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Of Love and Evil: The Songs of the Seraphim, Book Two Paperback – January 10, 2012
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From Publishers Weekly
In Rice's slim second Songs of the Seraphim novel (after Angel Time), the angel Malchiah whisks ex-contract killer Toby O'Dare back to 16th-century Rome, where Toby must save Vitale de Leone, a young Jewish physician who's been implicated in the poisoning of his gentile master and accused of bringing a poltergeist-like dybbuk into the household. Toby resolves both problems efficiently, but tragedy ensues, shaking his faith and leaving him vulnerable to powers of evil lying in wait to exploit his weakness. Toby's life back in modern times also grows complicated with the sudden appearance of an ex-lover and the son he never knew, neither of whom he can share his angelic interventions with. Though the plot is surprisingly similar to that of its predecessor, Rice's fans will easily succumb to the charm of her lapidary prose and a cliffhanger ending that sets up the next book in the series. 200,000 first printing. (Dec.) (c)
(c) Copyright PWxyz, LLC. All rights reserved. --This text refers to the Hardcover edition.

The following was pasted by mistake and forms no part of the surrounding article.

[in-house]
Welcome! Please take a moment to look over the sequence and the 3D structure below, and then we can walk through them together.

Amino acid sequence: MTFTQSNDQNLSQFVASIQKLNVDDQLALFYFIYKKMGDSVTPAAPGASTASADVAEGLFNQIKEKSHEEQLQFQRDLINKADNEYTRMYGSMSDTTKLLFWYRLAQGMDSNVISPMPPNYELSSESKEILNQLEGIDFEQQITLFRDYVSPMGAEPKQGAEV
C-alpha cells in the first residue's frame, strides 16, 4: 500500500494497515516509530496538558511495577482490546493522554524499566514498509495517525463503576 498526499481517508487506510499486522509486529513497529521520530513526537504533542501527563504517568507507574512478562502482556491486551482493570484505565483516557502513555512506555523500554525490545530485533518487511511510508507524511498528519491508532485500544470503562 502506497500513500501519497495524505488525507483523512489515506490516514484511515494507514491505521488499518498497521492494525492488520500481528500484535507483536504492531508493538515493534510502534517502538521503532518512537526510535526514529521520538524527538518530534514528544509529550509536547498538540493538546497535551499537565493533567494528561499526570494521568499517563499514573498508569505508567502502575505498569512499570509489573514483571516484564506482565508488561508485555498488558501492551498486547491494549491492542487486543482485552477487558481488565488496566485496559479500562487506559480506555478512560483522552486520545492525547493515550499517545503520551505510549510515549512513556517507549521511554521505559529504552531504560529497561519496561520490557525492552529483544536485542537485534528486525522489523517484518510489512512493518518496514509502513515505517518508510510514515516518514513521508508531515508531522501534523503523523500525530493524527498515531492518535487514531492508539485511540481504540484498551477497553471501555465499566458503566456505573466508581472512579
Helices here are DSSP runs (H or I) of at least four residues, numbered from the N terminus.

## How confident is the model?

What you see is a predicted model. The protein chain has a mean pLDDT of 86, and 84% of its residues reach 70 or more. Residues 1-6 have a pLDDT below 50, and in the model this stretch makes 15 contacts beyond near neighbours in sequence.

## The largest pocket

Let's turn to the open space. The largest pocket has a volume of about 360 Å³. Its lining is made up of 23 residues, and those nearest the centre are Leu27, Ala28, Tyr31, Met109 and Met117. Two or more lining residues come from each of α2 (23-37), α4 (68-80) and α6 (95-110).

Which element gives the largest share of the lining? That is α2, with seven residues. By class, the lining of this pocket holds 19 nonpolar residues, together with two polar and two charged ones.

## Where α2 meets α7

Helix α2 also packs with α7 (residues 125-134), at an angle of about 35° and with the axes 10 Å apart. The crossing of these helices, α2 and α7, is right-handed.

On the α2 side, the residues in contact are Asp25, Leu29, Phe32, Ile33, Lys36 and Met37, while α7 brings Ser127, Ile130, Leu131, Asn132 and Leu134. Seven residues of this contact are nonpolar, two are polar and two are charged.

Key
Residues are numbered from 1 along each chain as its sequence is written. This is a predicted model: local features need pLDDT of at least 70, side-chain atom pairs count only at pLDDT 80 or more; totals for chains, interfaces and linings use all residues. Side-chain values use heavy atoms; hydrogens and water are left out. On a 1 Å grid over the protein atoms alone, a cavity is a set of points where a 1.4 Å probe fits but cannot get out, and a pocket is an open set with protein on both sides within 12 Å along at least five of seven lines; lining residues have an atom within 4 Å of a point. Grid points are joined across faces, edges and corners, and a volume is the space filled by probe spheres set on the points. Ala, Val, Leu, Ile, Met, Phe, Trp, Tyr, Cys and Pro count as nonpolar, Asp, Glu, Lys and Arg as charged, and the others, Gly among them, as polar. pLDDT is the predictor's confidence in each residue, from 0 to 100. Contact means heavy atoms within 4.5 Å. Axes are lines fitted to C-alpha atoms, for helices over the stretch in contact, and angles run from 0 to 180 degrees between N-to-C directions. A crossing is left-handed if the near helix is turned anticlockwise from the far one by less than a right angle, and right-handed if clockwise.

Toby O’Dare, the assassin who started on the path to redemption in Angel Time (2009), continues his quest for salvation. He has just learned that he’s the father of a 10-year-old boy and is nervously awaiting the arrival of his former lover, Liona, and their son at the Mission Inn in California. He longs to be a part of the boy’s life and to rekindle his relationship with Liona, but he is summoned on another time-traveling errand of mercy by the angel Malchiah. This time Toby is transported to fifteenth-century Rome to respond to the prayer of a Jewish physician named Vitale, whose best friend and patient, Niccolò, has clearly been poisoned. Given the city’s virulent anti-Semitism, Vitale is at risk if the real culprit isn’t discovered. In addition to helping Vitale save Niccolò, Toby must discover the origins of an angry spirit that is haunting the house Vitale lives in. Toby is surprised by the dangers he faces in a story shaped by Catholic doctrine. Readers who enjoy Rice’s larger-than-life tales and elegant writing will find much to appreciate here, and the cliff-hanger ending will leave fans eager for the next installment. --Kristine Huntley --This text refers to the Hardcover edition.